I was preparing the 2023 projected lineup for the Pirates the other day, and trying to figure out if there’s any chance for Quinn Priester or Tahnaj Thomas to make the group. It’s possible, but it would be a tight stretch.

Both pitchers should go to Greensboro in 2020, where the Pirates typically have young pitchers spend a full year. In recent years they’ve promoted guys to Bradenton at the end of the season, and that could be possible if the numbers are good. It’s also possible that one or both players could spend the month of April in extended Spring Training to limit their innings.

Best case, maybe they move to Bradenton by the end of the season. They’re probably going to start back there in 2021, with a chance to move up to Altoona by mid-season at the latest, if the numbers are good.

Again, they’d probably start back in Altoona in 2022, with a chance to move up to Indianapolis in the second half. That makes it unlikely either pitcher would be on the Opening Day roster in 2023.

The only way that could happen is if the Pirates got aggressive with one, or both pitchers, and sent them to Indianapolis by the start of the 2022 season, with a chance to move to the majors by mid-season. I can’t recall a Pirates pitcher who didn’t get drafted out of college who moved that quickly.

Think about everything I just said.

Now think about how none of it matters anymore.

All of those projected decisions are based on timelines from previous pitchers, and moves from a front office no longer in place.

We have no clue about the development path for Priester, Thomas, or any other player because we have yet to see the next front office establish their trends.

And now think about how that statement applies to literally everything for the Pirates.

I’ve been noticing this since Neal Huntington was fired. I’ll think about what the Pirates might do with a specific prospect, and after a few minutes I’ll realize that all of my predictions are based on outdated information and based on a front office that is no longer around.

My challenge for you in the comments today: Think of literally anything about the Pirates in 2020, and think about how a new front office might change that situation.




By John Dreker

Seven Pittsburgh Pirates born on this date, including a member of the no-hitter club, two players from the 1909 World Series champs and one from the 1925 WS team.

Nick Maddox, pitcher for the 1907-10 Pirates. He had a brief big league career, but he made it memorable. He pitched a shutout in his major league debut on September 13, 1907, won his second start just three days later, and exactly a week after his major league debut he threw a no-hitter over the Brooklyn Dodgers, winning 2-1. The Pirates had two no-hitters prior that went less than nine innings, but Maddox is the first no-hitter recognized by MLB in team history. He finished his rookie season 5-1 0.83 in six starts, all complete games. The following season he established himself as a star, going 23-8 2.28 for the second place Pirates. Maddox had a 13-8, 2.21 record in 203.1 innings for the 1909 champs. He tossed a complete game victory in game three of the series. Injuries curtailed his 1910 season and then he was sold to a minors, where he spent his final four seasons of pro ball.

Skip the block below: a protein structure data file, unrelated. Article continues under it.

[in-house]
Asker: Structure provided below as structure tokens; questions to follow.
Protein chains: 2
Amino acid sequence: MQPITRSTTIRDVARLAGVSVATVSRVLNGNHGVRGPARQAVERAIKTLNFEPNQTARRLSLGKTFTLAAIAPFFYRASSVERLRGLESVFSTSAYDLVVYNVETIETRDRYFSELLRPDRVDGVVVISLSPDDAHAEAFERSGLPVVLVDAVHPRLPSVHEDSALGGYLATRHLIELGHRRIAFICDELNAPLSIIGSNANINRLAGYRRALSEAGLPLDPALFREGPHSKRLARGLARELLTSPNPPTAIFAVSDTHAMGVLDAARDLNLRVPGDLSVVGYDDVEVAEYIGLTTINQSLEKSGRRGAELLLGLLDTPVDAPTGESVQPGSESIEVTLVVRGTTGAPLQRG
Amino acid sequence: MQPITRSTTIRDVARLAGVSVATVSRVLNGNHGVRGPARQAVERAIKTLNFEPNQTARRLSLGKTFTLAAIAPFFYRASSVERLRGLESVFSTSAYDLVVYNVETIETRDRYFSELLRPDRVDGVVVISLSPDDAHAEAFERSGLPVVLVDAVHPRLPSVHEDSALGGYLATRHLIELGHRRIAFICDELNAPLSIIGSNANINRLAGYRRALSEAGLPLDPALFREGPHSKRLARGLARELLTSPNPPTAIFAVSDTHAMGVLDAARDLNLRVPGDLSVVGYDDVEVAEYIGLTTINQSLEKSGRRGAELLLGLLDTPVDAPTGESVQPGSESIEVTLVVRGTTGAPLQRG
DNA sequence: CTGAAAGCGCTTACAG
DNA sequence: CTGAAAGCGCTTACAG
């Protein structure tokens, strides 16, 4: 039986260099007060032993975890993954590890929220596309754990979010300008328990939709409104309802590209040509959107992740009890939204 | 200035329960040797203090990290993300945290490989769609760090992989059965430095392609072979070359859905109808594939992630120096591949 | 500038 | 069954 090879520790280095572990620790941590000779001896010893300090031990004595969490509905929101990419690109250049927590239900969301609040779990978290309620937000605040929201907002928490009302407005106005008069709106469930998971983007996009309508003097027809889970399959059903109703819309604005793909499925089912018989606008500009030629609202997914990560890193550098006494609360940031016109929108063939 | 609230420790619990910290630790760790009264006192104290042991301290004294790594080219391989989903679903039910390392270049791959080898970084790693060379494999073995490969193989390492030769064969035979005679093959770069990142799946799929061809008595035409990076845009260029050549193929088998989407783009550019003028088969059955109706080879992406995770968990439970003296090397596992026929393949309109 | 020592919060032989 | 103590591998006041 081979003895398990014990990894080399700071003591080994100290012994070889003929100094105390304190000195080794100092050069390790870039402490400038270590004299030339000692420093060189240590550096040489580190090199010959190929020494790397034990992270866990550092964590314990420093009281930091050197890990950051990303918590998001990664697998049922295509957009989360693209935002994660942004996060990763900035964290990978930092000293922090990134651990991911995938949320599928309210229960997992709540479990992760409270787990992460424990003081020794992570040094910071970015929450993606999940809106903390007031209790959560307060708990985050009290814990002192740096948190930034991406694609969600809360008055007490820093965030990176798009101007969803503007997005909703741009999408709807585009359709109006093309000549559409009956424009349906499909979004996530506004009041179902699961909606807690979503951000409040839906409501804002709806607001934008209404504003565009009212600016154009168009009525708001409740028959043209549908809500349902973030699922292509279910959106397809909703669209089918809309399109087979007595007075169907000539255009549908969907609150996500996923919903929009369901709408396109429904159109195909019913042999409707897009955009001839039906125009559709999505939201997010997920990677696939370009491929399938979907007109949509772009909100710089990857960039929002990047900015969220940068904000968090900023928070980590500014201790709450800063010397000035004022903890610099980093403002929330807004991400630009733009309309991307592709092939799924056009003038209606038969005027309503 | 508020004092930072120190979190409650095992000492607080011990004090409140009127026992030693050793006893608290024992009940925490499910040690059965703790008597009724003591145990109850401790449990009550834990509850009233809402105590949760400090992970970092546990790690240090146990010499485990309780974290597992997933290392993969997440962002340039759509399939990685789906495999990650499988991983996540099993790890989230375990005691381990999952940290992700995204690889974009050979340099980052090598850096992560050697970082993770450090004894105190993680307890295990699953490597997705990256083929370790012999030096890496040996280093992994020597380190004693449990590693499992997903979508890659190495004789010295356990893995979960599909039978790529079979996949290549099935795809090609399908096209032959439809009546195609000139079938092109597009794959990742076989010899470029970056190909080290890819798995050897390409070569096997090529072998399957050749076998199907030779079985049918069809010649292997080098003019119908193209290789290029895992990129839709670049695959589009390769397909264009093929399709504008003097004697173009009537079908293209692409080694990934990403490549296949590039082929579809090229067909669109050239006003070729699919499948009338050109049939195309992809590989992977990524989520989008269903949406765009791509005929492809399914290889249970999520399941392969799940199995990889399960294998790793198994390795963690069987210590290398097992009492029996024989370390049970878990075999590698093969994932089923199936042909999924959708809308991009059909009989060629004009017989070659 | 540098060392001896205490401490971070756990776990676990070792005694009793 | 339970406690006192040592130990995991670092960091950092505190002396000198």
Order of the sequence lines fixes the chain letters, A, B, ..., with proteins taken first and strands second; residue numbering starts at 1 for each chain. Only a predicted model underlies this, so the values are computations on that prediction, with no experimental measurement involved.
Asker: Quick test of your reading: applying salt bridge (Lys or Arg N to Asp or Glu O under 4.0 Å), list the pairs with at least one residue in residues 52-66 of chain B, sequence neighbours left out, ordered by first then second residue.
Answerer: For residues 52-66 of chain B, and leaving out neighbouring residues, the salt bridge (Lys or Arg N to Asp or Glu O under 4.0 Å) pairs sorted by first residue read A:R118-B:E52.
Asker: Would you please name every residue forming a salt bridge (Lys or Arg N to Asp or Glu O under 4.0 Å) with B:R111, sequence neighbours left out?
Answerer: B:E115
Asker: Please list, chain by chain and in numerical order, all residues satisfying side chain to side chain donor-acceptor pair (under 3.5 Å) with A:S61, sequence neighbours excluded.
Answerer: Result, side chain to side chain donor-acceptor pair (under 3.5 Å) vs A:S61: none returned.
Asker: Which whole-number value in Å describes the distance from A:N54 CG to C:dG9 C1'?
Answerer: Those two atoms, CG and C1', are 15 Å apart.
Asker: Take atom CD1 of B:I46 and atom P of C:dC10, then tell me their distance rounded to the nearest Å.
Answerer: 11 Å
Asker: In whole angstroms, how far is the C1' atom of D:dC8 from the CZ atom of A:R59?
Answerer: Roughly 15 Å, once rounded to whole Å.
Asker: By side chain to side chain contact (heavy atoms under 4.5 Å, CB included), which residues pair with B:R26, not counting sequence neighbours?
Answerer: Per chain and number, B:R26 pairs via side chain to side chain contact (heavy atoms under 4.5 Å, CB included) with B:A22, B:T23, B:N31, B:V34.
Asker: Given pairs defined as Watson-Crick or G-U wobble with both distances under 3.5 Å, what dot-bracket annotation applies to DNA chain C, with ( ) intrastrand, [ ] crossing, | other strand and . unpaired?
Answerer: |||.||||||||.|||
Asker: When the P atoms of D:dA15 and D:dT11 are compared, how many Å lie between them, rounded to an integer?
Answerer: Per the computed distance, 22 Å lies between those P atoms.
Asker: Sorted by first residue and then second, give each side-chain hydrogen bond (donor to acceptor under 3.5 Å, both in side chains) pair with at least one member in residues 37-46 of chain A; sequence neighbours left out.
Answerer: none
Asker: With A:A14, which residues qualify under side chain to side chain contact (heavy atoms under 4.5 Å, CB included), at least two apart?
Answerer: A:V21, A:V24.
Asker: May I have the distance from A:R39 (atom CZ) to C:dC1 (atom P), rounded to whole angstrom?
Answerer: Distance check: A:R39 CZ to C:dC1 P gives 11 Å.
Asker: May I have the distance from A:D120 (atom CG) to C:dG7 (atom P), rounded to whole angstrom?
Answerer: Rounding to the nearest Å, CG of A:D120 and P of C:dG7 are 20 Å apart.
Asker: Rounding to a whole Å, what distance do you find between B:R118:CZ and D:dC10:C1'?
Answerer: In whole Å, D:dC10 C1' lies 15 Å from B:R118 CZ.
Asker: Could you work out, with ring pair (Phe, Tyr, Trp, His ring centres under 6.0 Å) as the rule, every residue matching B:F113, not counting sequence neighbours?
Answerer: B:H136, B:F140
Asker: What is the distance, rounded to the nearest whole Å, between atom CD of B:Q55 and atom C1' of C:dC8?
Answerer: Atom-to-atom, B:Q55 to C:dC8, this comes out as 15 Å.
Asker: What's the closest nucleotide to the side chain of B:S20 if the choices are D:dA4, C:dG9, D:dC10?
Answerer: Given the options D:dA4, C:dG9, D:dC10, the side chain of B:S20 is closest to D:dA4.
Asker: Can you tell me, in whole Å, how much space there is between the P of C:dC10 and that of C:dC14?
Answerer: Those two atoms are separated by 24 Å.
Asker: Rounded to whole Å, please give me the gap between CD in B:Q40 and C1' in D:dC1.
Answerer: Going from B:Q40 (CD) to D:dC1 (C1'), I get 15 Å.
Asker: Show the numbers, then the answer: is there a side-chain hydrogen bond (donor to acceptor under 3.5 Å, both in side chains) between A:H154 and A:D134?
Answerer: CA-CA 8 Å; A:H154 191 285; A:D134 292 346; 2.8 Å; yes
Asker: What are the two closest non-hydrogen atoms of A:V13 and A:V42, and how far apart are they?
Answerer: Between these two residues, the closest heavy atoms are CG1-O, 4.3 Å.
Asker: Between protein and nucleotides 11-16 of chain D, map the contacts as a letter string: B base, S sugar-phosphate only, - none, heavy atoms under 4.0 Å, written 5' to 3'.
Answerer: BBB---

Scott Sauerbeck, reliever for the 1999-2003 Pirates. He went 19-15, 3.56 in 341 games, all as a reliever. He picked up five saves in Pittsburgh and threw at least 65 times in each of his first four seasons.

Red Witt, pitcher for the Pirates from 1957-61. He went 1-2, 4.20 in six starts and four relief appearances during the 1960 season when the Pirates won their third WS title. In five seasons in Pittsburgh, he was 10-13, 3.93 in 34 starts and 19 relief appearances.

Fred Brickell, outfielder for the 1926-30 Pirates. He hit .312 with 80 RBIs in 265 games while in Pittsburgh, playing alongside Hall of Famers Paul and Lloyd Waner. He was a backup during the 1927 season when the Pirates went to their fourth World Series. Brickell was 0-for-2 with a run scored in the series.

Johnny Gooch, catcher for the Pirates from 1921 until 1928. He helped the Pirates to two National League titles and won World Series championship in his eight seasons in Pittsburgh. He hit .286 with 215 RBIs in 551 games for the Pirates, and he was a .280 hitter over his 11-year career in the majors. He threw out 45% of runners attempting to steal during his career.

Gene Moore, pitcher for the 1909-10 Pirates. He had a small bit part during the 1909 season, debuting in late September for one relief appearance. Moore saw slightly more time in 1910, getting one start and three relief appearances. He had a 3.12 ERA in 17.1 innings. His only other big league time was with the 1912 Cincinnati Reds. His son, also named Gene Moore, had a 14-year career as an outfielder in the majors, from 1931 until 1945.

Bill Phillips, pitcher for the 1890 Alleghenys. Went 1-9 in ten starts as a rookie in 1890, then over the next eight years, he pitched just one season in the majors. From 1899 until 1903, he went 63-60 for the Cincinnati Reds.

IMPORTANT: You will need to update your password after the switch to the new server in order to log in and comment. Go to the Password Reset Page to change your password.